​Speech by NTU President Professor Subra Suresh at the opening of the Max Planck-NTU Joint Laboratory for Artificial Senses

Published on : 17-Jan-2019

Speech by

Professor Subra Suresh
President, Nanyang Technological University, Singapore


Level B4, Academic Block North, ABN-B4C-25
61 Nanyang Drive, Singapore 637335

Monday, 14 January 2019, 10 am

Your Excellency, Dr Ulrich Andreas Sante, German Ambassador to Singapore,
Professor Markus Antonietti, Director, Max Planck Institute of Colloids and Interfaces,
Distinguished Guests,
Ladies and Gentlemen,

Good morning and welcome to NTU. 

Humanity’s drive in pushing the boundaries of science and technology to improve the quality of life has led to major industrial revolutions in history. We have witnessed the rapid transformation of manufacturing, laying the ground for unprecedented economic growth. As the world transitions into the Fourth Industrial Revolution, technology is now dominated by artificial intelligence (AI), the Internet of Things, robotics, and the rise of emerging industries such as personalised healthcare and medicine. 

Healthcare has shifted from a ‘one size fits all’ model, to one that uses tailored approaches to achieve the best possible outcomes in managing patients’ conditions. These days, wearable technologies and smart watches not only monitor your health but use AI to suggest, for example, on your food and calorie intake, optimal routes to work and home, and even overall body condition based on a variety of sensors. 

While the technological revolution we are witnessing today will undoubtedly reshape the 21st century human condition in many positive ways, there is also understandable anxiety about its potential downsides. It will depend not just on how we develop and deploy new technologies, but equally on how human behaviour interfaces with technologies and whether scientific advances lead to improvement in the human condition. This is precisely what today’s event is all about. 

Our partnership with the Max Planck Institute of Colloids and Interfaces (MPICI) today, will see the setting up of a new Max Planck-NTU Joint Laboratory for Artificial Senses. The joint lab aims to take robotics and medical technologies to the next level by combining human senses, AI, advanced materials, and machine learning. This will be beneficial for various industries, especially for healthcare as cutting-edge medical devices could reduce misdiagnosis, and allow customised precision medicine to deliver faster, better care to patients.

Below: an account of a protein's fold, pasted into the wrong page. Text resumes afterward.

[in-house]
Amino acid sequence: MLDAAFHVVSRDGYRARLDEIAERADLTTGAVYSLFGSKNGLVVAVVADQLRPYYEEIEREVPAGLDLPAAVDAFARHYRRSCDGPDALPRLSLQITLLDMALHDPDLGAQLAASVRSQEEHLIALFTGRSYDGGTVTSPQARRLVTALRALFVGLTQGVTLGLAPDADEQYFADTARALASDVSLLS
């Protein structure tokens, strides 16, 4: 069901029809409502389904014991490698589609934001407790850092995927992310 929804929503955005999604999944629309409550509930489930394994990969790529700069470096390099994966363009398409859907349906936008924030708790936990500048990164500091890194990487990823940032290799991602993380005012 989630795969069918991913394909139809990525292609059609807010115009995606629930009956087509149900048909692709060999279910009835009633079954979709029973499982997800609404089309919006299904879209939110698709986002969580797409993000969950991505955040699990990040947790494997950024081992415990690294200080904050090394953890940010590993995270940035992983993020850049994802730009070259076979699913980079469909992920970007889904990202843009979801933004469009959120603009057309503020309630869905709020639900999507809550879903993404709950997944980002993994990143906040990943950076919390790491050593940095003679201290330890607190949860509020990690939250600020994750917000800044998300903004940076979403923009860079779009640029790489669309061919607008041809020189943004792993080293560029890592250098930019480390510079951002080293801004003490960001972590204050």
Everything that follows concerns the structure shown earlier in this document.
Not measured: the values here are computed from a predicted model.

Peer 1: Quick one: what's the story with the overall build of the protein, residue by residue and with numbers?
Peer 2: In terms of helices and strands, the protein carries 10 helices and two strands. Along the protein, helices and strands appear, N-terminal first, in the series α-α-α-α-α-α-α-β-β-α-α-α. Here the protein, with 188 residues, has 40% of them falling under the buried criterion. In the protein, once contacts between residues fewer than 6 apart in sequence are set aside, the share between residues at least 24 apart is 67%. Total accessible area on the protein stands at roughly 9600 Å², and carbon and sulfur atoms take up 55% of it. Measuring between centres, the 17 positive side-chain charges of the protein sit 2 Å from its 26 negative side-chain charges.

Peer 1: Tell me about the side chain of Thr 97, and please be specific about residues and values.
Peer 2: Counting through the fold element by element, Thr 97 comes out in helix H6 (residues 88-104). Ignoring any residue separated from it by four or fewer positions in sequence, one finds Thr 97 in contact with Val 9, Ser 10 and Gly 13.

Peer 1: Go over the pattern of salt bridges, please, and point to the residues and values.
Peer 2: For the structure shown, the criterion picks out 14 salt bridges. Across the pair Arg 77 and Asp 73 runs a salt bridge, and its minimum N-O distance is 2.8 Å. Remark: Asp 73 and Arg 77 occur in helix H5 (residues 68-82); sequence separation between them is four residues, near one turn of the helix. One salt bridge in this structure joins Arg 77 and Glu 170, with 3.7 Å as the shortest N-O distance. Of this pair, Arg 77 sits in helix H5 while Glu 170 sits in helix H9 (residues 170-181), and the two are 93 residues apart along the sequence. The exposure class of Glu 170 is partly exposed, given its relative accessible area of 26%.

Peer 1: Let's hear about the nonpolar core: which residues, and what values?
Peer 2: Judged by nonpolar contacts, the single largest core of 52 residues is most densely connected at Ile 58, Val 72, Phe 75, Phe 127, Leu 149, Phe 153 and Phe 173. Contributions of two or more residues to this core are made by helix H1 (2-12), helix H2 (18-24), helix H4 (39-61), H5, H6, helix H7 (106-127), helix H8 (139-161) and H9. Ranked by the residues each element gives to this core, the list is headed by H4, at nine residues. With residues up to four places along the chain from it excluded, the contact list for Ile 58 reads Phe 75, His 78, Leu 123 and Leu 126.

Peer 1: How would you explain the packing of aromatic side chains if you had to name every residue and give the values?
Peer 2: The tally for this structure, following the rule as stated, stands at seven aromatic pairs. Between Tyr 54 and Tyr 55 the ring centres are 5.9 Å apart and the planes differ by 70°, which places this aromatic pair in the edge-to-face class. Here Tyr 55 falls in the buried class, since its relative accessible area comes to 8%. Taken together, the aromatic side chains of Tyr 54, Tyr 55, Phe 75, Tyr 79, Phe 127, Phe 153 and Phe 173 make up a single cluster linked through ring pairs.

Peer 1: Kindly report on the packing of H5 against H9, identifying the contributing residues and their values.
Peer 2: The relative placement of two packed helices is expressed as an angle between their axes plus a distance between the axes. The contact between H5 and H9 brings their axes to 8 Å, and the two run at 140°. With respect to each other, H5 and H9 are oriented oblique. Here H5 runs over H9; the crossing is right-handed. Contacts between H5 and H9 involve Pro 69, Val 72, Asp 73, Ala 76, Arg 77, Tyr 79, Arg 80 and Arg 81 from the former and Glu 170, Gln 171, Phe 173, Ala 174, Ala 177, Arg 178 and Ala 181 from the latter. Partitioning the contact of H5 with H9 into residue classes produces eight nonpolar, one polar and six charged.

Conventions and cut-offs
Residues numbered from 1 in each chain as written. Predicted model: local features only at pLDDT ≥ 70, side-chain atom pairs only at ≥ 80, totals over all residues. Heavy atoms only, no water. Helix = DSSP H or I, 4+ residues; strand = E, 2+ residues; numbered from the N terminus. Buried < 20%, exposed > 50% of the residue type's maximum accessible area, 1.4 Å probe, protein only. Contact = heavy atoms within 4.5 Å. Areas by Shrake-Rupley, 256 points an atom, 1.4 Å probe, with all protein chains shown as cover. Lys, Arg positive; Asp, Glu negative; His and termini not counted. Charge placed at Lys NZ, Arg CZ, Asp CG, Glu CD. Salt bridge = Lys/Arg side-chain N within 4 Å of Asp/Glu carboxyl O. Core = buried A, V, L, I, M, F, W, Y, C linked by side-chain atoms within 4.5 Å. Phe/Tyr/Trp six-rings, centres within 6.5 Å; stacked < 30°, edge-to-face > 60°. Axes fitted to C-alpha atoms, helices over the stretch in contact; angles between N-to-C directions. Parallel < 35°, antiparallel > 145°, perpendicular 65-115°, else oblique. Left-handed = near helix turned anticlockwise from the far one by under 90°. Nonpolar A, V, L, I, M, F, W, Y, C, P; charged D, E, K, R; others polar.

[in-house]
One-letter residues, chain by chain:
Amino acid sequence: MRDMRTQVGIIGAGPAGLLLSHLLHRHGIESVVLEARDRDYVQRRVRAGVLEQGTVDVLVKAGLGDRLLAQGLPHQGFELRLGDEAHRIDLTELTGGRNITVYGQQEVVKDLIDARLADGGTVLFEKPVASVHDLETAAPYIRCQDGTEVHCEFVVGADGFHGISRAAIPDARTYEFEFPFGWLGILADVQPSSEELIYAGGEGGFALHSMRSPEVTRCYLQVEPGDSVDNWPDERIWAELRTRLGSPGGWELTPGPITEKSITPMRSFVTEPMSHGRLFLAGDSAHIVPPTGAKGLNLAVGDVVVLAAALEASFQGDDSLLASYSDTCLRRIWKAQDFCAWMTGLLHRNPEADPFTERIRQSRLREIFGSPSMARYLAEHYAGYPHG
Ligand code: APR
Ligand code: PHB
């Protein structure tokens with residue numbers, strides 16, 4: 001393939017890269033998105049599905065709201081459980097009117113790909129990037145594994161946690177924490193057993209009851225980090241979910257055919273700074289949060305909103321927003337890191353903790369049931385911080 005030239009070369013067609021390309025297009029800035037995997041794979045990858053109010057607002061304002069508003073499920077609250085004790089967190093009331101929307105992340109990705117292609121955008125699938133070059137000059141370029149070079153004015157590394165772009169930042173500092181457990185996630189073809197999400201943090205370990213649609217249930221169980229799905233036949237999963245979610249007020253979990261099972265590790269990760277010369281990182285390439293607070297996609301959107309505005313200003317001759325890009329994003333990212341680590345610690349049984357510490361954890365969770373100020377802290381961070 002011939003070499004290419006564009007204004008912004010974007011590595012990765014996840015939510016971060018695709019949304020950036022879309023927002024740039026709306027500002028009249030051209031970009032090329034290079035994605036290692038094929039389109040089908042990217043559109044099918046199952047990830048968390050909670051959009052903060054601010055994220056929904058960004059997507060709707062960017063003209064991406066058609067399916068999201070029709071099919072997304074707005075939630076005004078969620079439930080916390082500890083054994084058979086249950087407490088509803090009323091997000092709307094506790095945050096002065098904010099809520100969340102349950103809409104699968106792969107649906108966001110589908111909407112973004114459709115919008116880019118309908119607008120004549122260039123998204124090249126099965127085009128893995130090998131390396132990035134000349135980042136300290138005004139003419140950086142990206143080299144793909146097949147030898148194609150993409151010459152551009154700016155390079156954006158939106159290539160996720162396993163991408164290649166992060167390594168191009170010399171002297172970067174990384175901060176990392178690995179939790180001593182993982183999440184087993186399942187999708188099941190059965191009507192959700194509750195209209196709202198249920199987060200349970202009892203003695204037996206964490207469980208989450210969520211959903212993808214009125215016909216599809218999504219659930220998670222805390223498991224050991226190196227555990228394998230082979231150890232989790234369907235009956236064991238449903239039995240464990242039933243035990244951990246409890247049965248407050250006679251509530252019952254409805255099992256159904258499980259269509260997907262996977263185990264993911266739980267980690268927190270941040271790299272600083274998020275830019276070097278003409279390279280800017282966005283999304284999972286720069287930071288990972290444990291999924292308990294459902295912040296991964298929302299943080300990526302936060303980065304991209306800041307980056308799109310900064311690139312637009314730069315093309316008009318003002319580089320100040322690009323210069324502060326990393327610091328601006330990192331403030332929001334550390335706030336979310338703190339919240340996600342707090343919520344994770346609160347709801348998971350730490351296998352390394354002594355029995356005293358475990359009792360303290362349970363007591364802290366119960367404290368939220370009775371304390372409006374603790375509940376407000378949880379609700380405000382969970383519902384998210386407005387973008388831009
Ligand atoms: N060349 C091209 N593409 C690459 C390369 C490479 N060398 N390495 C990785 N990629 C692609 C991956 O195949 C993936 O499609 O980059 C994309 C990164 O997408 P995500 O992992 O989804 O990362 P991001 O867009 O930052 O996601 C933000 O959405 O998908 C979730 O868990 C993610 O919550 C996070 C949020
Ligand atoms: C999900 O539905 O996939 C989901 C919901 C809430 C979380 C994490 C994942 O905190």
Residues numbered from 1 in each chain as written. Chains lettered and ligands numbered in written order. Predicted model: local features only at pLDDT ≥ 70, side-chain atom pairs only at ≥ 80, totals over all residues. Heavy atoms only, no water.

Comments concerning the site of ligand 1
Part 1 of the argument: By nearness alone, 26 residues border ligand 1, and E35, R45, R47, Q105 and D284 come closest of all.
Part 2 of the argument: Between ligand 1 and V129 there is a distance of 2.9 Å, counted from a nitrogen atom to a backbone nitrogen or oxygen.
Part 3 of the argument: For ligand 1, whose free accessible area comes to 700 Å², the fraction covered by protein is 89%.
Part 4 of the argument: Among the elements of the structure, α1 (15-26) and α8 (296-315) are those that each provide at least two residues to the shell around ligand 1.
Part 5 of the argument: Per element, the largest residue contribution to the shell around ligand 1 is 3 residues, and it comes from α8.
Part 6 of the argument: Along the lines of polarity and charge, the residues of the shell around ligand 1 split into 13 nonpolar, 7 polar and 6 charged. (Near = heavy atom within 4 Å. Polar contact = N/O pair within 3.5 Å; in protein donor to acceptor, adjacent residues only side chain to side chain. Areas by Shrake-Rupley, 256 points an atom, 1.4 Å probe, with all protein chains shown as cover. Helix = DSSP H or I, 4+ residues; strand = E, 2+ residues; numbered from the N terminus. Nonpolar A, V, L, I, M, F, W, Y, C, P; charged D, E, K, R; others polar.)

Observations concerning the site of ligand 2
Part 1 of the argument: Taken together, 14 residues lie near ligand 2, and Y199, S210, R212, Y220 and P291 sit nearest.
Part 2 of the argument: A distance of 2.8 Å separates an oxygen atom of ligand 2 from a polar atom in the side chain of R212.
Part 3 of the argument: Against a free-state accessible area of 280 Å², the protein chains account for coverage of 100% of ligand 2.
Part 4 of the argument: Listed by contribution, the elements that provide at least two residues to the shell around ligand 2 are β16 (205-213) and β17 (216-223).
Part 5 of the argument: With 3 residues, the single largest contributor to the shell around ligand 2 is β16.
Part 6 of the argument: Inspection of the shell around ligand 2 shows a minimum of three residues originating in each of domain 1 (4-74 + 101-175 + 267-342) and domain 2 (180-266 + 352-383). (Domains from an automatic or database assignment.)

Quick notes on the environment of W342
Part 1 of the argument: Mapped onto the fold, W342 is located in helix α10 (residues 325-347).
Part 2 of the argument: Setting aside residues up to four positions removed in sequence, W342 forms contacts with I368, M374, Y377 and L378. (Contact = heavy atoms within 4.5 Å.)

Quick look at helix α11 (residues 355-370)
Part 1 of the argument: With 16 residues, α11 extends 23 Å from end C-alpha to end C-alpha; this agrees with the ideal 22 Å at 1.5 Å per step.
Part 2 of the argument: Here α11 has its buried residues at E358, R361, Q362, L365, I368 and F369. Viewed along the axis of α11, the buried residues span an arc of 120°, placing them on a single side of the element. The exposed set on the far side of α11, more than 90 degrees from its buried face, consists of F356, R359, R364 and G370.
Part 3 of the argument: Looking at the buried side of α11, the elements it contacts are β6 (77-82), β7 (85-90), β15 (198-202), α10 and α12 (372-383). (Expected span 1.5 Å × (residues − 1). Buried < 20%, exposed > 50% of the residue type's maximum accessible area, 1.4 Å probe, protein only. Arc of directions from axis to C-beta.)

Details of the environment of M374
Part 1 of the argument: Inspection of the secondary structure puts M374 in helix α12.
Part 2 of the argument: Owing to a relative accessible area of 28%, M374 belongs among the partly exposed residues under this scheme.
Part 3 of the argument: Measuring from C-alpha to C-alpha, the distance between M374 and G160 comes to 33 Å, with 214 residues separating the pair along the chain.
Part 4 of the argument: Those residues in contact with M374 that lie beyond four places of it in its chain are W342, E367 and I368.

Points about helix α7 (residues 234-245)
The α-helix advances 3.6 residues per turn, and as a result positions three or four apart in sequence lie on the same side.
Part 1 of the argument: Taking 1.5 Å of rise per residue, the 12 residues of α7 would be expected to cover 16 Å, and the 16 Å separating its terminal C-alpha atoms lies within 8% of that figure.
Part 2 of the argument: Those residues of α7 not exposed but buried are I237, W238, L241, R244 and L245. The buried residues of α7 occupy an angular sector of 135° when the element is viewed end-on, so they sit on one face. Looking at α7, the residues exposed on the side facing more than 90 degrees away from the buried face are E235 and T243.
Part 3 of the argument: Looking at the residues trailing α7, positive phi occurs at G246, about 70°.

For example, through special sensors, prosthetic limbs would not only be able to monitor one’s health but could also restore sensory functions. The lab will look into extending human senses beyond its natural capabilities. Imagine being able to see or hear radar frequencies or microwaves, or smell infections or genetic patterns, or sense earthquakes. Safety officers will be able to detect chemical leaks in a factory, and meteorologists can identify subtle tectonic movements, providing earlier earthquake warnings. Such innovations will not only impact industry but change the way people live and work, for a better tomorrow.

Located at NTU, the joint lab is MPICI’s first venture in Southeast Asia. Besides healthcare, it will explore digital and environmental technologies, advanced materials, and robotics. The joint lab will house 30 researchers and staff from NTU and MPICI and also serve as a launch pad for scientists, engineers and students to interact and further develop their research ideas. 

NTU is proud to partner MPICI, part of the prestigious Max Planck Society for the Advancement of Sciences. Established in 1911, the Society is one of the world’s leading research organisations that not only galvanises numerous fields of science, but also adopts a holistic and multidisciplinary approach in research. This includes a wide range of disciplines such as natural and life sciences, engineering, biomedical science, and recently, the arts, social sciences and humanities. 

NTU is equally committed to these values. The NTU Institute of Science and Technology for Humanity (NISTH) serves as a forum for multidisciplinary research, policy discussions, and activities that address how human behaviour will interface with technologies to impact the human condition. NTU's aspiration is to play a pivotal role in shaping a balanced discussion of the many benefits of technological innovation as well as of their unintended consequences.

The university is active in AI research. In a ranking jointly compiled by Nikkei and Elsevier that measures research citations between 2012 and 2016, NTU is ranked the top university in the world for AI. Our lush 200-hectare campus is also a living testbed for cutting-edge technologies which range from autonomous vehicles and green technologies, to advanced robotics, AI, drones and air traffic management solutions. 

The collaboration today will further boost NTU’s Smart Campus vision, where we harness the power of digital and advanced technologies to support the discovery of new knowledge, and promote better learning and living experiences. This partnership is also a reflection of NTU’s continuous drive towards research excellence where we work closely with leading international partners to develop solutions that will benefit humanity.

Without further ado, I am delighted to witness the opening of the joint lab with MPICI. I wish the partnership every success as it pushes the forefront of healthcare, robotics and advanced materials. 

Thank you.

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